Recently, I embarked on a week-long tour of energy conferences, including the ACORE Renewable Energy Policy Forum in Washington DC, the Climate Leadership Conference in Baltimore, and Bloomberg’s New Energy Finance Summit (BNEF) in New York City. While the conferences each had a different focus within the renewable energy and climate space, I noticed key themes in the various sessions and conversations that I had with attendees.
The age of energy abundance
“We’re entering an age of energy abundance.” While this statement is from a speaker at the Bloomberg event, supporting evidence was discussed at all three conferences. Many speakers noted that current and projected natural gas prices remain low and that wholesale electricity generation costs are falling as renewable energy generation with zero marginal cost comes online. Meanwhile, advances in energy efficient technology are driving down total energy use per capita. The combination of new, low-cost renewable electricity supply and energy efficiency seems likely to yield energy abundance for developed countries. Coming 50 years after many predicted we’d literally run out of energy, this is a remarkable turn of events. This new reality also necessitates a shift in mindset for policymakers, the energy industry, and consumers alike: instead of fearing a scarcity in our energy supply, it’s critical that we now focus on limiting energy’s environmental impact.
Instead of fearing a scarcity in our energy supply, it’s critical that we now focus on limiting energy’s environmental impact.
The challenge of intermittent generation
The next wave of policy innovation and technological progress supporting renewable energy generation will center around reliable, cost-effective integration of intermittent generation. Large scale wind and solar projects regularly win energy request for proposals (RFPs) with highly competitive prices, so it’s not unreasonable to think that tax credits and grants will be allowed to fade away. But now the next chapter begins: we need new rules guiding how intermittent supply is valued, larger wholesale energy markets, more energy storage deployment, and clear market signals to shift demand. More progressive policies in these areas are actively being discussed and implementation will enable continued rapid deployment of renewable energy generation.
All eyes on transportation
In 1990, the electricity sector was the single largest emitter of carbon dioxide emissions (CO2), responsible for roughly 25% more emissions than the transportation sector (the second largest emitter). Over time, the emissions profiles of the two sectors slowly converged, and in 2017 the transportation sector took the lead as the largest source of emissions . This statistic was clearly weighing prominently on conference attendees’ minds. Although none of the conferences I attended were explicitly about transportation or electric vehicles, all three included multiple sessions and much hallway conversation about the transportation sector, the environmental challenges it presents, and how it’s likely to evolve in the decades ahead.
Similar to the adoption of solar photovoltaic technology a decade ago, the EV story today is one of high growth rates on a very small existing base. Applying the solar adoption model to EVs today, conventional wisdom predicts that in another decade, we will see an exponential increase in the number of EVs on the roads globally. In fact, BNEF’s most recent Electric Vehicle Outlook predicts this number will hit 30 million by 2030. Activities and policies that will support this outcome, including an expanded public charging network, more EV options for consumers, less expensive batteries, and continued subsidies at the state and federal level are all currently or soon-to-be underway.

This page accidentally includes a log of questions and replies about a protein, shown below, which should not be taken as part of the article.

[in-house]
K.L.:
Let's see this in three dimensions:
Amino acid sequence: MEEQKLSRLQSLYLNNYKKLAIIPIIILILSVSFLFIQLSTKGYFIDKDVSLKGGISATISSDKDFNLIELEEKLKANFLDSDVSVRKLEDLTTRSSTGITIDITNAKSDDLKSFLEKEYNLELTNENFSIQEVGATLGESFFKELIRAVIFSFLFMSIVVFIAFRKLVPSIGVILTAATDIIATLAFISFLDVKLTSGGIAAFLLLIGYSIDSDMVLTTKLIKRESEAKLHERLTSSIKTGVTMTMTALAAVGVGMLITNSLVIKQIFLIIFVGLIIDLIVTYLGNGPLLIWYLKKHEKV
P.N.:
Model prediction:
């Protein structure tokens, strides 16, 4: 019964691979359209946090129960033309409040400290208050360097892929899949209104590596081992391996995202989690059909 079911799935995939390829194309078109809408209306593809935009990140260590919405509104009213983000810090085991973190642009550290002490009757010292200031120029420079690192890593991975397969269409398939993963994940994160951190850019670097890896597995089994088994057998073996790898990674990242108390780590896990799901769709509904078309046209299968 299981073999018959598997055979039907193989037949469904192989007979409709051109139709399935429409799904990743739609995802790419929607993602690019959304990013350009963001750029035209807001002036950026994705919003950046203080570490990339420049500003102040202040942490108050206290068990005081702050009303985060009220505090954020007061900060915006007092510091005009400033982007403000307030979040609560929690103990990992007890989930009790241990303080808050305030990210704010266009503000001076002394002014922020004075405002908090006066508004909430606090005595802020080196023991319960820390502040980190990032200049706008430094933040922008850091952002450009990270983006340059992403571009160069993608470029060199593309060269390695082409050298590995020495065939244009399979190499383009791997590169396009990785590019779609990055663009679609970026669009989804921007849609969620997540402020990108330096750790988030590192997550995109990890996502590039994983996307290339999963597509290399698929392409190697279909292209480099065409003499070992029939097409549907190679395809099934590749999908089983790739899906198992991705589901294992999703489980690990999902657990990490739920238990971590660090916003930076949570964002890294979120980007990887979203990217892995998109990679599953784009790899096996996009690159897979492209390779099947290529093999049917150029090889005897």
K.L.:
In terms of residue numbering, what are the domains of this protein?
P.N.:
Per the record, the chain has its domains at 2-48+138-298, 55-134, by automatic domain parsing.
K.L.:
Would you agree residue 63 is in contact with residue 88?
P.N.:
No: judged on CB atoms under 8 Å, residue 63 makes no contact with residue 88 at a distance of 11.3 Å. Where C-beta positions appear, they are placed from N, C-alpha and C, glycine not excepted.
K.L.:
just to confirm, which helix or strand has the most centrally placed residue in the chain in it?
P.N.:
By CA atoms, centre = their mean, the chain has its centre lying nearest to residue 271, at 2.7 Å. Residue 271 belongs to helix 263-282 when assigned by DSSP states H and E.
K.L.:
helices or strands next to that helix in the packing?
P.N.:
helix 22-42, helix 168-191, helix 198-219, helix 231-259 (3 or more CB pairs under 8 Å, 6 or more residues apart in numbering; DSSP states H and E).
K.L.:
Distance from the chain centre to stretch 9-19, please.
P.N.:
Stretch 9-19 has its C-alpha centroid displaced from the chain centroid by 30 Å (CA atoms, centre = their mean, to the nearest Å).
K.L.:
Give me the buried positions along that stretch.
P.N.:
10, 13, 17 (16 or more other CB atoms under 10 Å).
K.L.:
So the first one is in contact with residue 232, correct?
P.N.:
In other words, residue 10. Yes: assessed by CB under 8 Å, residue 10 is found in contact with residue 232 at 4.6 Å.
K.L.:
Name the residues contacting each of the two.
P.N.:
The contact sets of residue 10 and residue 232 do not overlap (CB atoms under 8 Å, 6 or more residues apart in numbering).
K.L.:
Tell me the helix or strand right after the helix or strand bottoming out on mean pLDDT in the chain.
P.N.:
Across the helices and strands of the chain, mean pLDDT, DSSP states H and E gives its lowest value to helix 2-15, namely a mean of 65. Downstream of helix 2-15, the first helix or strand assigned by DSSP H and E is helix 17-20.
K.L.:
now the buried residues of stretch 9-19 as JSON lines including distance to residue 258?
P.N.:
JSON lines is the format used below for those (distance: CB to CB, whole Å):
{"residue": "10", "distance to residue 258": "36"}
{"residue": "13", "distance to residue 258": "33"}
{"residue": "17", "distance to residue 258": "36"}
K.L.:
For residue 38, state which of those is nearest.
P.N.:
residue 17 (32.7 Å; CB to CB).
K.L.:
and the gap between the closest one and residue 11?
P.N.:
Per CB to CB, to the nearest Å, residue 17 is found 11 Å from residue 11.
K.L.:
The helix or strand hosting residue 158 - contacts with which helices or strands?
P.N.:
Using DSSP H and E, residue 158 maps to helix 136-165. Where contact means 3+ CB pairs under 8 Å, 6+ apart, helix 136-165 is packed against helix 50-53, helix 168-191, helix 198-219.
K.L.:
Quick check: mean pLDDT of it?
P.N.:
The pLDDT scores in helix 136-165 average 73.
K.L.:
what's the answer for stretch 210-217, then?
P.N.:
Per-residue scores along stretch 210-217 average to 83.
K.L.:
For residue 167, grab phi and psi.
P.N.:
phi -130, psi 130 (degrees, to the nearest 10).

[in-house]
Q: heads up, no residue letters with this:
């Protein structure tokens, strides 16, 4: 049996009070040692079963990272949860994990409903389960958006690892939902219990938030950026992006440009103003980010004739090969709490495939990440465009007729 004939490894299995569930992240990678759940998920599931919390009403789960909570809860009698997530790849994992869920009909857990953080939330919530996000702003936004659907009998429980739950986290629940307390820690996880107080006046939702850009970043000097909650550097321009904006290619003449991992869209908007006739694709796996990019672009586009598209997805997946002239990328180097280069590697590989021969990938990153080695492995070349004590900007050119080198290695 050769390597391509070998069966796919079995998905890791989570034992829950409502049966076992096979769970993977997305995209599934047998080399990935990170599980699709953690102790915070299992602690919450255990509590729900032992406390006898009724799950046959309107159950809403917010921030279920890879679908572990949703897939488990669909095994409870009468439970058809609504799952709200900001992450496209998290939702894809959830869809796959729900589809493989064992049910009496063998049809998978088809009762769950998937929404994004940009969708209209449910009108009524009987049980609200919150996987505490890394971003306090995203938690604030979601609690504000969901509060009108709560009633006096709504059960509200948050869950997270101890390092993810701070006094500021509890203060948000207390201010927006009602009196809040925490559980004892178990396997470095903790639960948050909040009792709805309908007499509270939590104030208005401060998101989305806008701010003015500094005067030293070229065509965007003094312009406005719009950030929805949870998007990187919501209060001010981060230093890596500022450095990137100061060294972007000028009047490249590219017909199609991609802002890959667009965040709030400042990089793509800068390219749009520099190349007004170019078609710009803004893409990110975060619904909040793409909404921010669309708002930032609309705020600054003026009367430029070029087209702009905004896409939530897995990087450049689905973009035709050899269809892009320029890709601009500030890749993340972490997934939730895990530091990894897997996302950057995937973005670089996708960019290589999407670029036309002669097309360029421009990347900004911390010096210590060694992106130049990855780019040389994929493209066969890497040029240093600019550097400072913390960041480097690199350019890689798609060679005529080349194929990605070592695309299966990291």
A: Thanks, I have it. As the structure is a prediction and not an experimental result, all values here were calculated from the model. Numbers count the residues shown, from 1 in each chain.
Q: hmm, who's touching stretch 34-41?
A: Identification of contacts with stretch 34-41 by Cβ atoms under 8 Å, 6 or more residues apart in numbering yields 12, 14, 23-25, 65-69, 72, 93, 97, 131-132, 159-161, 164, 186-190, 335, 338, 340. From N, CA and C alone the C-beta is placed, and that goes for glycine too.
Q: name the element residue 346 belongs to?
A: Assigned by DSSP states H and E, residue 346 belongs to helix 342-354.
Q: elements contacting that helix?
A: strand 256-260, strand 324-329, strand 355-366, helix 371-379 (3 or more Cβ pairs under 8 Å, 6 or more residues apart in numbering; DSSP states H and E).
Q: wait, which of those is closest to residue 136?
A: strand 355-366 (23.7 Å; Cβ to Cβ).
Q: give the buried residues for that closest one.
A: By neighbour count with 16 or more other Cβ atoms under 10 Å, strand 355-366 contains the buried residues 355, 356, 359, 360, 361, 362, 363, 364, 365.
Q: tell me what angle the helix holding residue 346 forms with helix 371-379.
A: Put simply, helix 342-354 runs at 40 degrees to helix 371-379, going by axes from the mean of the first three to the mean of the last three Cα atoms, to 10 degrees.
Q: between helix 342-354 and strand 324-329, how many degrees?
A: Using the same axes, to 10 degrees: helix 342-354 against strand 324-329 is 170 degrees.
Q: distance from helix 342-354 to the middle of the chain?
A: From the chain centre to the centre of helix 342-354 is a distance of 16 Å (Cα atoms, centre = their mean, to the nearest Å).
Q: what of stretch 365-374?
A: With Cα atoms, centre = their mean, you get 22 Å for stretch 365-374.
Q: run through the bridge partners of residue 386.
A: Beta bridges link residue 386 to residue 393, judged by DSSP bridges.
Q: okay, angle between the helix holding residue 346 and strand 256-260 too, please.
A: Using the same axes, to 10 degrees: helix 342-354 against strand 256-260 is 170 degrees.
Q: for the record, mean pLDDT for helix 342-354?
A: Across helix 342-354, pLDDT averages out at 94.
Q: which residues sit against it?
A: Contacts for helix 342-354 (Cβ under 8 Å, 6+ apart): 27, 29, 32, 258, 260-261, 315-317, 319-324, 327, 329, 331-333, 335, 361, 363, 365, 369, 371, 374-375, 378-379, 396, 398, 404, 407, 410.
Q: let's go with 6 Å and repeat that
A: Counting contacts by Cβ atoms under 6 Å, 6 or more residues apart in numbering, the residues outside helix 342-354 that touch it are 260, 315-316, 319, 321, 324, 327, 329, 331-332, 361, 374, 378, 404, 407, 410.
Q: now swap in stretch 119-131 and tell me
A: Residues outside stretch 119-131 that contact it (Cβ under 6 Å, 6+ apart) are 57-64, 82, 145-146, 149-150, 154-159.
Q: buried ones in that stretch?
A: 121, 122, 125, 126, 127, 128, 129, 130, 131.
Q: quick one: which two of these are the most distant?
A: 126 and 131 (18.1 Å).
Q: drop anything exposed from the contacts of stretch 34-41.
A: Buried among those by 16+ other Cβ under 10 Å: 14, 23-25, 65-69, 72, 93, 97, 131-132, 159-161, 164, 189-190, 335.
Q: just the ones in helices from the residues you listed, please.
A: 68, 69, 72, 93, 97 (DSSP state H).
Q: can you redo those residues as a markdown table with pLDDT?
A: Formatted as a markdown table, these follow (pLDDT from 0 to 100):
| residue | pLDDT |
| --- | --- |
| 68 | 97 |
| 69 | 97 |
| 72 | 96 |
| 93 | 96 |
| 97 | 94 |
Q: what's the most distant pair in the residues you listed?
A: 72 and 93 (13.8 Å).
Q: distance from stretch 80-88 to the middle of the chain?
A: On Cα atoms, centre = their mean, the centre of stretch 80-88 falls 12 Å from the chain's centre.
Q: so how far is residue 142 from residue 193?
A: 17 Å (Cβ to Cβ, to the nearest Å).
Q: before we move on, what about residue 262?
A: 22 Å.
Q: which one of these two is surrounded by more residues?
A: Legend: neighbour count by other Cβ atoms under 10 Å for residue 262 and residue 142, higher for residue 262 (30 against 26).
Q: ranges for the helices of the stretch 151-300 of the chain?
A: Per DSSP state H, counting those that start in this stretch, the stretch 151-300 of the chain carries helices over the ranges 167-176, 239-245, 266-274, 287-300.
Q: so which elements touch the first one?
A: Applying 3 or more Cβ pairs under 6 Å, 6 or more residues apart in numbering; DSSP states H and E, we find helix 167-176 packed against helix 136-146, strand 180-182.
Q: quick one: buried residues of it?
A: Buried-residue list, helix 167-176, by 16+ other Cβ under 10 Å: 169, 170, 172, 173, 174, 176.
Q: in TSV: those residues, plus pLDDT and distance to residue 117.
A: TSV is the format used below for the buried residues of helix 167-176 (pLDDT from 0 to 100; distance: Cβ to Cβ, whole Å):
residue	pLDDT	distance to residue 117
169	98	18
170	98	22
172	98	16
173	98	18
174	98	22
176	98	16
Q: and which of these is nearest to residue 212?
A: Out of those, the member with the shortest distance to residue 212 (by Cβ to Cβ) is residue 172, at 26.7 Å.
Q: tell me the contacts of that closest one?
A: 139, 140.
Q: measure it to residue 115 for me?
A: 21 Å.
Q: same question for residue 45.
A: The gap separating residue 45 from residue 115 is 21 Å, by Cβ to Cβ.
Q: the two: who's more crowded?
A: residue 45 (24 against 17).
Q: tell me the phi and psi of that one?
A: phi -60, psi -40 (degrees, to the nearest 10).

RECs remain a critical ingredient
All three conferences provided ample evidence of the critical role that renewable energy certificates (RECs) play in tracking the generation and use of renewable energy. RECs are indisputably the currency of renewable energy transactions, whether meeting renewable portfolio standards (RPS) or tracking voluntary renewable energy purchases. However, it’s challenging to maintain the accounting integrity of RECs in an age of distributed solar and cap-and-trade systems that overlap state RPS guidelines set up to protect the voluntary market. Going forward, I anticipate that electrification of the transportation system will bring even more tracking and attribution challenges. It seems clear that all market participants benefit when everyone is clear what a REC represents, when everyone can trust that a REC hasn’t been double-claimed, and when market rules are aligned. One concrete action in support of these outcomes might be for every tracking system to adopt a policy of all-generation tracking; the New England Power Pool (NEPOOL), PJM General Attribute Tracking System (GATS), and New York GATS have all been built this way and it helps with tracking across state boundaries.
The meta theme of continuous change undergirds everything in the energy industry and the tricky part — as always — is to know which topics will still be relevant two, five, and ten years from now. As I reflect on these recent industry conferences, I believe that these four themes — recalibrating to an age of energy abundance, addressing intermittent generation, decreasing transportation emissions, and supporting effective systems for tracking renewable energy generation and use — will stand the test of time.